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Tag: Graphic novels

Graphic Adaptations

I read my first Jane Austen novel after watching the 1995 BBC adaptation of Pride and Prejudice. From there I read the other books – and watched various movie adaptations of each. Movie adaptations are often used in schools a culminating activity, with some sort of compare contrast note-taking work. The thing is, a good adaptation can help readers before they tackle the original, giving them the sense of the plot and characters, as well as the big ideas the work addresses.

Some recent graphic novels can serve the same purpose – giving readers access to a work of literature before they tackle the original – whether for school or for pleasure.

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Fun and Informative Science-Themed Graphic Novels

Who hasn’t turned to David Macaulay’s original The Way Things Work (1988) or The New Way Things Work (1998) to understand how something works by seeing it explained using illustrations, instead of just text? His books are standard reference sources in many libraries where I’ve worked. I’m really happy to know that an even newer revised and updated edition called The Way Things Work IMG_2875Now will be published in October 2016.

I’m a visual learner and it really helps to see how something works with images, as opposed to just with text. Many teens learn visually as well. Science concepts that are hard to imagine are much easier for teens (and adults) to grasp if we can visualize them. So much of what we are familiar with can be explained using science. Kids on a playground may not realize that everything they’re playing on uses physics: a swing is a pendulum, a see-saw is a basic lever and a slide is friction and gravity.

To accompany some of the other recent posts relating to science books for teens, here are just a few graphic novels where science is made more fun, interactive and understandable for teens in a graphic novel format. The books listed range from middle grade books with appeal to older readers, to those published for adults with teen appeal.

In 2016, First Second will begin publishing its Science Comics series. Coral Reefs written and illustrated by Maris Wicks and Dinosaurs by MK Reed and Joe Flood are both being published May, 2016. Volcanoes, written and illustrated by Jon Chad will be published in October 2016. (all Gr. 4 & up)IMG_2894IMG_2895IMG_2877

Every volume of Science Comics offers a complete introduction to a particular topic. Coral Reefs examines the biology of coral reefs as well as their ecological importance using Wicks’ signature appealing and accurate illustrations.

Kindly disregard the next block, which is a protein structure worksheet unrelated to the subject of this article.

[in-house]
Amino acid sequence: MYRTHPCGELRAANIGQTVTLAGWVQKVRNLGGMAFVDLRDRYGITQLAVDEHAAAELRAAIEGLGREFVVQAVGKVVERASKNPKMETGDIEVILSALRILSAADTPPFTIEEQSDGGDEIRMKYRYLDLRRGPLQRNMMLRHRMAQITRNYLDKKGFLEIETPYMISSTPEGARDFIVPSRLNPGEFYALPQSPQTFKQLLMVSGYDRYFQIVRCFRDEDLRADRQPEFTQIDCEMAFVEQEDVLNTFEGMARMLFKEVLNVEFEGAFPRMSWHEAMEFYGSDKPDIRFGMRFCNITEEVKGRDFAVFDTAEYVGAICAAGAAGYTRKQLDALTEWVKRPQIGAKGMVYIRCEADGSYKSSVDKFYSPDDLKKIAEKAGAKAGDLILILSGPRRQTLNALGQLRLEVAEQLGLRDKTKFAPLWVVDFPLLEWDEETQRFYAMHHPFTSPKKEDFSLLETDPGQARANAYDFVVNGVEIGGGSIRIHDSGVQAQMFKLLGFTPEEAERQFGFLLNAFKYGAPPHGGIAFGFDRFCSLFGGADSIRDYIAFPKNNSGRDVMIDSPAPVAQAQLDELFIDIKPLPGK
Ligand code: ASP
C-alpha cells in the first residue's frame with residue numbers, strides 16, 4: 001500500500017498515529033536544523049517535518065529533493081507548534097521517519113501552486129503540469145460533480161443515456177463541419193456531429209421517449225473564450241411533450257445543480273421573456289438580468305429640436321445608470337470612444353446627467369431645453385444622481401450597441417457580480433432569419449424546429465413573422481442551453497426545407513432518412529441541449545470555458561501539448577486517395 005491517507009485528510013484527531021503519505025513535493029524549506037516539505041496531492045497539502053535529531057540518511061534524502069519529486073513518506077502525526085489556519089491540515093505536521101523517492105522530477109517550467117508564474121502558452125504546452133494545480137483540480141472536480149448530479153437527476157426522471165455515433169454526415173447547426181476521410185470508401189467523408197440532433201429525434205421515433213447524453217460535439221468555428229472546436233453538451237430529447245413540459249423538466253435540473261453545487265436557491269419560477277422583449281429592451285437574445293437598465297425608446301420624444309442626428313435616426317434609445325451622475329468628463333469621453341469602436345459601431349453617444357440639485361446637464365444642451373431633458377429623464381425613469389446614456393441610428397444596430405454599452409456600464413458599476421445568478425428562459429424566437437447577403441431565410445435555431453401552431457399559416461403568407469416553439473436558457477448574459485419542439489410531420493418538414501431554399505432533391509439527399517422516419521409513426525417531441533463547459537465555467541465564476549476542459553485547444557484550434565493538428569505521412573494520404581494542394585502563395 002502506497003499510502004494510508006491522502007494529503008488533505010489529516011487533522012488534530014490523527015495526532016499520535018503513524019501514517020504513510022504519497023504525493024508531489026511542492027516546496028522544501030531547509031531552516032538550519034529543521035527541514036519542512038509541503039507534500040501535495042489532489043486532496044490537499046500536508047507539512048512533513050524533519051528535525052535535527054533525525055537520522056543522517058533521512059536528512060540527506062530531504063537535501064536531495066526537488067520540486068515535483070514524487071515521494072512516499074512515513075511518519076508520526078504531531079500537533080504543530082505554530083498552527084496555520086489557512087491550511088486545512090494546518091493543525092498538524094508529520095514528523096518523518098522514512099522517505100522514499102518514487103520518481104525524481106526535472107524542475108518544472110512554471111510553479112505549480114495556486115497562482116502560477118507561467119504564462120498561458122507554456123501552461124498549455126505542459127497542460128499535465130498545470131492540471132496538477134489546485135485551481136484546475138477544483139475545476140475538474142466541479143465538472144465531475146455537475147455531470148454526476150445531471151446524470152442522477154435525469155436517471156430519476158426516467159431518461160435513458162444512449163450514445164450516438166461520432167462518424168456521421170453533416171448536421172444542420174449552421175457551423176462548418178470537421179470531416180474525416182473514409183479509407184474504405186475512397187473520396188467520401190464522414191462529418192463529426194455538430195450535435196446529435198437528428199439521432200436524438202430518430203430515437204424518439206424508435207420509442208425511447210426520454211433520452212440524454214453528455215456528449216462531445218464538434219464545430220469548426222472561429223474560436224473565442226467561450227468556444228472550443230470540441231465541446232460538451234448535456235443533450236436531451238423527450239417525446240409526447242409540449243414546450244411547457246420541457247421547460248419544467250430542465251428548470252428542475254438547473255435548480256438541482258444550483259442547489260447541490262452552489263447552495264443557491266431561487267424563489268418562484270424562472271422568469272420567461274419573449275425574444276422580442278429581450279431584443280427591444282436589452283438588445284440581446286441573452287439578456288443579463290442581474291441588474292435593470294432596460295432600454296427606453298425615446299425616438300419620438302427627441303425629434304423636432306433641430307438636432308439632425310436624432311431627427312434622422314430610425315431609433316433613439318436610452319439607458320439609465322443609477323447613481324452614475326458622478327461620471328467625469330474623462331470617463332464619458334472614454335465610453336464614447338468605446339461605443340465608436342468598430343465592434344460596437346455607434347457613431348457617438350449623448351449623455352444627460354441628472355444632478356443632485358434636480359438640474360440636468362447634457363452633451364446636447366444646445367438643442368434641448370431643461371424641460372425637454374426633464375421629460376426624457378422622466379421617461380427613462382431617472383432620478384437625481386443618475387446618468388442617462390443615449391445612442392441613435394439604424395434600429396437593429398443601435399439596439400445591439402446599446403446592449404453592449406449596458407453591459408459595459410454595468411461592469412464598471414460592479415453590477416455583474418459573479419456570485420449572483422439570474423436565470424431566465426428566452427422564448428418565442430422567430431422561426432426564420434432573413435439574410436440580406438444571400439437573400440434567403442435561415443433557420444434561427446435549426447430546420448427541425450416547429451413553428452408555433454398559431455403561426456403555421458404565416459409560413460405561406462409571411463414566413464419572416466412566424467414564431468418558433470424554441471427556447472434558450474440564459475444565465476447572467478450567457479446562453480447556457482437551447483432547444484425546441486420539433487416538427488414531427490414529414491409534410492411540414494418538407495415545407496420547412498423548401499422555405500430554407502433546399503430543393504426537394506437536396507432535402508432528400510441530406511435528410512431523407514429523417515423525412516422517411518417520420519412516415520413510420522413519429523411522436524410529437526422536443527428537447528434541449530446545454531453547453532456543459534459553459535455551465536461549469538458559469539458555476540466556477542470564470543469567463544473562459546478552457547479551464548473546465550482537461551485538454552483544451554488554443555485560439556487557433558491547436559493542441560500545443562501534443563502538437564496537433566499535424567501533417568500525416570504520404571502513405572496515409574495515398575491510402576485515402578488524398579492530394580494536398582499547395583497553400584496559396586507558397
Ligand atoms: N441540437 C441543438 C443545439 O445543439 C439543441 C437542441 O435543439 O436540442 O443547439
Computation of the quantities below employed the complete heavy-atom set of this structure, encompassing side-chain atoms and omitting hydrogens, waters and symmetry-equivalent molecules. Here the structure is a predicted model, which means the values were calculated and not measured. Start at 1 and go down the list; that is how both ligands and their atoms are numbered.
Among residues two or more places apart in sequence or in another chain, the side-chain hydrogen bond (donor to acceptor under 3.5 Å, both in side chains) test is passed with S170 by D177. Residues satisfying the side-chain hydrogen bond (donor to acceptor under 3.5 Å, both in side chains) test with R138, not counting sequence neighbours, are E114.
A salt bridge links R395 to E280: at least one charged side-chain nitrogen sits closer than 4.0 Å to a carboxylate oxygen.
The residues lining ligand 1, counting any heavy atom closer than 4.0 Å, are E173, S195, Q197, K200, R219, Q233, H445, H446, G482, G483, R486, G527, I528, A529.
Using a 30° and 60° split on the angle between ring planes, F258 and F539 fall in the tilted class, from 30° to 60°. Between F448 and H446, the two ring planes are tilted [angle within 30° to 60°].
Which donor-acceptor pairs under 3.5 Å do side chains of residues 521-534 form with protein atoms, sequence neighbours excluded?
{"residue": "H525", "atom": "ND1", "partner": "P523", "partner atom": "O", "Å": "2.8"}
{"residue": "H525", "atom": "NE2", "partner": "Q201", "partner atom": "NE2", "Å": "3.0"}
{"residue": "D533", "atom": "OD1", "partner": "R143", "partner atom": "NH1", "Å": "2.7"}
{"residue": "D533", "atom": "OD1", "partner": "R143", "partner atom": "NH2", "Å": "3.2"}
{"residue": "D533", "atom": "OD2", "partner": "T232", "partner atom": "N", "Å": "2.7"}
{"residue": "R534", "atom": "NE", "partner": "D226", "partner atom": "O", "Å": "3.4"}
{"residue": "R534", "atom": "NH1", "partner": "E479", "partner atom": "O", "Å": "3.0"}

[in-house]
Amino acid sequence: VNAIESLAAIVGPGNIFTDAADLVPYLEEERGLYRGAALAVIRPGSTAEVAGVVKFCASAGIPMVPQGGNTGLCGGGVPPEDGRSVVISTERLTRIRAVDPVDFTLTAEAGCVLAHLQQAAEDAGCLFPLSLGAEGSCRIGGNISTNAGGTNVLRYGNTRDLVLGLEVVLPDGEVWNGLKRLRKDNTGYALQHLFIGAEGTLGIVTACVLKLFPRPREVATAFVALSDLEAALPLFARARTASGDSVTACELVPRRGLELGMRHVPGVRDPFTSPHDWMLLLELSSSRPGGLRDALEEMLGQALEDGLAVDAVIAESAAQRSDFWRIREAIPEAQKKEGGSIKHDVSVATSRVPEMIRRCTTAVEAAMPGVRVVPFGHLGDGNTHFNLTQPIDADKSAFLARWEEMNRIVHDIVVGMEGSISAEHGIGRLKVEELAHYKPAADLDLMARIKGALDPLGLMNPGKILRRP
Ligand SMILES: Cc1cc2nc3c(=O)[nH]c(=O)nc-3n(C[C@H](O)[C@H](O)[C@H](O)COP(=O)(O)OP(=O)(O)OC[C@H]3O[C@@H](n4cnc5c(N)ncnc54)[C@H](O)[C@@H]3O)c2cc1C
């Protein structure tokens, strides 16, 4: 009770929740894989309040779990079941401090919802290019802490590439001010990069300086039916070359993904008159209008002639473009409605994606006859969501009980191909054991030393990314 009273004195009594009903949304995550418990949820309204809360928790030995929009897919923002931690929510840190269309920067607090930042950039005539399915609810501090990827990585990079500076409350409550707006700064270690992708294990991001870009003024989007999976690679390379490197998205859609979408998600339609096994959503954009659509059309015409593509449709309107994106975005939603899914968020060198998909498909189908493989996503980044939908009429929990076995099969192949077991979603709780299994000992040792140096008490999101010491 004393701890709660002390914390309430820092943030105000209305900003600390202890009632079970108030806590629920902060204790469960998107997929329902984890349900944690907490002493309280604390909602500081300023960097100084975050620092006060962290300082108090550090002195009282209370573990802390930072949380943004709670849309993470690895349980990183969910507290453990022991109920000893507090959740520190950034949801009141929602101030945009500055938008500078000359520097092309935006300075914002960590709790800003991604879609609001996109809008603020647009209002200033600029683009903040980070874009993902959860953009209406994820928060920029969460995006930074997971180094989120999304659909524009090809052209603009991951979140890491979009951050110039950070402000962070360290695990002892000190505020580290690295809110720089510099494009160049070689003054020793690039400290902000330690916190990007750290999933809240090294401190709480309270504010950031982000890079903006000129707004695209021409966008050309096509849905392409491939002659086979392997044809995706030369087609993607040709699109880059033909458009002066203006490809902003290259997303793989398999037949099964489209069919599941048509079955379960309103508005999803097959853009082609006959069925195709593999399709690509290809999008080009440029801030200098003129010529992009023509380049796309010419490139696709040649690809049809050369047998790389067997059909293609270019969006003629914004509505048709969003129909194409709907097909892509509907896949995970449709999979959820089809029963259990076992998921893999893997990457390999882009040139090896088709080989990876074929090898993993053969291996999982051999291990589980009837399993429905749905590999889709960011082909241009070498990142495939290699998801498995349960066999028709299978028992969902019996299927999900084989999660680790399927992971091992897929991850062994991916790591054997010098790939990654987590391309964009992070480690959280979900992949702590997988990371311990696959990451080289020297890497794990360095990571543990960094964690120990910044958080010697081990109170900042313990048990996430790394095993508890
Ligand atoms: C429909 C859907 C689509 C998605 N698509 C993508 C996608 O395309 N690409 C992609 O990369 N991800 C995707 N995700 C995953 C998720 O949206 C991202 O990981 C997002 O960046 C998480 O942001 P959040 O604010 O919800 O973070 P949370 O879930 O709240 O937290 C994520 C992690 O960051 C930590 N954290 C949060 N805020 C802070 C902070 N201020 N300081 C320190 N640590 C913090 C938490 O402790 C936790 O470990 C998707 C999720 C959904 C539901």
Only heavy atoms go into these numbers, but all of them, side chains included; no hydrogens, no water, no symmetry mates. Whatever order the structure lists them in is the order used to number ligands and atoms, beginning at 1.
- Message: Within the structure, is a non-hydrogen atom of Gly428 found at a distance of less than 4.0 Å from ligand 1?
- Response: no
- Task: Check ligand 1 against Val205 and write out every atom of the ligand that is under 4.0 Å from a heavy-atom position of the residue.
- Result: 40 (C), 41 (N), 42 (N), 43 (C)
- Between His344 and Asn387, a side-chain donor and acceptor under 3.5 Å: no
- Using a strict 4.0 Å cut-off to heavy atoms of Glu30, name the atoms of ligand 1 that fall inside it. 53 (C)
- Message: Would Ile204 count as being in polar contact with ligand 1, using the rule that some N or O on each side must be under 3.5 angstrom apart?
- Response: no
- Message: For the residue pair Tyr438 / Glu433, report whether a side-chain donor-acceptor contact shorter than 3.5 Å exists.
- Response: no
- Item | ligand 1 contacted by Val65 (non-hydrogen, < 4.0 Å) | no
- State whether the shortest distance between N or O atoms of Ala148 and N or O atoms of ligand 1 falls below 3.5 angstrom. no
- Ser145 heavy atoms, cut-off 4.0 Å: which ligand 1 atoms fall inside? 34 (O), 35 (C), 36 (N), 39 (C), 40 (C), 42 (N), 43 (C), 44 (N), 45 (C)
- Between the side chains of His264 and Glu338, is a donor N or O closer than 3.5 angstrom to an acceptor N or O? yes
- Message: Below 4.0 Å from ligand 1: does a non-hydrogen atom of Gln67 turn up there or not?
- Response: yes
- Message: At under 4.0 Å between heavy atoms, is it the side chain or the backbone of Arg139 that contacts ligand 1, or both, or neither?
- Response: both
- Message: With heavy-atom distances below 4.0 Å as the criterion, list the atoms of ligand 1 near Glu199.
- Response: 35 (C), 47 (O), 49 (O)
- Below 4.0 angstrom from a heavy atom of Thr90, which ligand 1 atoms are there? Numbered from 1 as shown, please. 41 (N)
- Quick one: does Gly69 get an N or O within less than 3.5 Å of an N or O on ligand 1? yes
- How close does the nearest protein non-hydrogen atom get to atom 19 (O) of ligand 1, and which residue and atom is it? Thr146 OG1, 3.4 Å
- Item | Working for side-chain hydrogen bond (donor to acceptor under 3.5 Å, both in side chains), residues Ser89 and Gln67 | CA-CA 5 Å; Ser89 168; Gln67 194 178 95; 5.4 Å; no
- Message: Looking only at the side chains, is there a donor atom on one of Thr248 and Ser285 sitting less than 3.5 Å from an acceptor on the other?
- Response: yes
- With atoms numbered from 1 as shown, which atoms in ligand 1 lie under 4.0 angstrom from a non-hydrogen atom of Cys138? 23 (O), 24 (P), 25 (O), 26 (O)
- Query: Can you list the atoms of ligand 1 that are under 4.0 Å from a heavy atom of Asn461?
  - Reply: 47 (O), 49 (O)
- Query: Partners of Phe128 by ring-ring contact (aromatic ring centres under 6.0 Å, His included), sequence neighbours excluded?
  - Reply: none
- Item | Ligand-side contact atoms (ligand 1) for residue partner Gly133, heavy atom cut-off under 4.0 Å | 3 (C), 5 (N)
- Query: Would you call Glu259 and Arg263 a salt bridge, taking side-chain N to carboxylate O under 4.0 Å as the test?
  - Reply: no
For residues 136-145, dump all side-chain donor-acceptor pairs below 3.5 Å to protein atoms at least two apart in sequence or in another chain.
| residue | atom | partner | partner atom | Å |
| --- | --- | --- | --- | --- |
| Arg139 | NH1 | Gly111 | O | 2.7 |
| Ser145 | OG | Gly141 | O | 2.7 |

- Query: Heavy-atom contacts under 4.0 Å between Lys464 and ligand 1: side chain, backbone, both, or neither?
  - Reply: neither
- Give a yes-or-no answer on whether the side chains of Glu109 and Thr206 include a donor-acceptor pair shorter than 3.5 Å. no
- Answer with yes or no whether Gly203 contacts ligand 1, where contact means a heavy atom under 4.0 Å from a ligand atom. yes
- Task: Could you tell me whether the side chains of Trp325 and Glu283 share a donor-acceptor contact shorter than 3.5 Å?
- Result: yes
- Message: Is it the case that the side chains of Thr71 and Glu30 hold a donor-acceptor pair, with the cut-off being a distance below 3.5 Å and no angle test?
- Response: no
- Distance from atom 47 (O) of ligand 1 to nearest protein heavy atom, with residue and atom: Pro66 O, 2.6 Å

Human Body Theater by Maris WicksHuman Body Theater: A Nonfiction Revue written and illustrated by Maris Wicks. (2015) (Gr 4-8)

A talking skeleton tells all about the human body as part of its “all- singing, all-dancing” stage show. The skeleton entertainingly but accurately explains how each body system works, what can go wrong with it, and how to care for it. Lots of humor is reflected in Wicks’ colorful and detailed illustrations. (2016 Great Graphic Novels for Teens)

IMG_2896Jay Hosler’s The Last of the Sandwalkers (2015) written and illustrated by the author. (Gr. 5 & up)

In this fun and informative graphic novel, Lucy is a tiny field scientist who is also a beetle. She lives in a beetle civilization where beetles write books, run restaurants, and even do scientific research. But, the powerful elders don’t want too much research to be done because they guard a terrible secret about the world outside the shadow of the palm tree. Lucy defies them to lead a team of researchers into the desert to discover more of the wider world…but what lies in wait for them is going to change everything Lucy thought she knew.

IMG_2867Howtoons: Tools of Mass Construction by Dr. Saul Griffith, illustrated by Nick Dragotta (2015) (Gr. 4-8)

This 360 page part graphic novel, part instruction manual, features siblings Tuck and Celine who are urged to make something out of household treasures to keep them out of trouble. Howtoons was originally created by scientists Saul Griffith, Joost Bonsen and artist Nick Dragotta from MIT. Just a few of the science projects here include ice cream in a bag, an electric motor, bugeye lens, an underwater scope, a terrarium, a mini-submarine, spring-loaded chopsticks, pneumatic muscles, and rockets.

IMG_2892Howtoons: [Re]ignition by Fred Van Lente, illustrated by Tom Fowler. (2015) (Gr. 4 – 8)

Part graphic novel story, part science/energy instruction manual and energy history lesson, in which siblings Celine and Tuck and their parents are in suspended animation riding out an energy crisis. When the kids wake up, and find their parents gone, they must try to find them. As they cross a strange new world, they have to rely on their science knowledge to save them – and the world. Along the way, they learn to build such projects as a wind turbine, a solar cooker, and a go-kart.

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Women in Comics: Spies and Assassins

Spies and assassins have been big at the movies this year. The Man From U.N.C.L.E., Spectre, Spy, Hitman, Kingsman, Mission Impossible, the year has been full of these stories. If they have sparked your interest in characters of this sort, you can continue exploring them through an array of comics ranging from classic characters to more modern offerings.

Mockingbird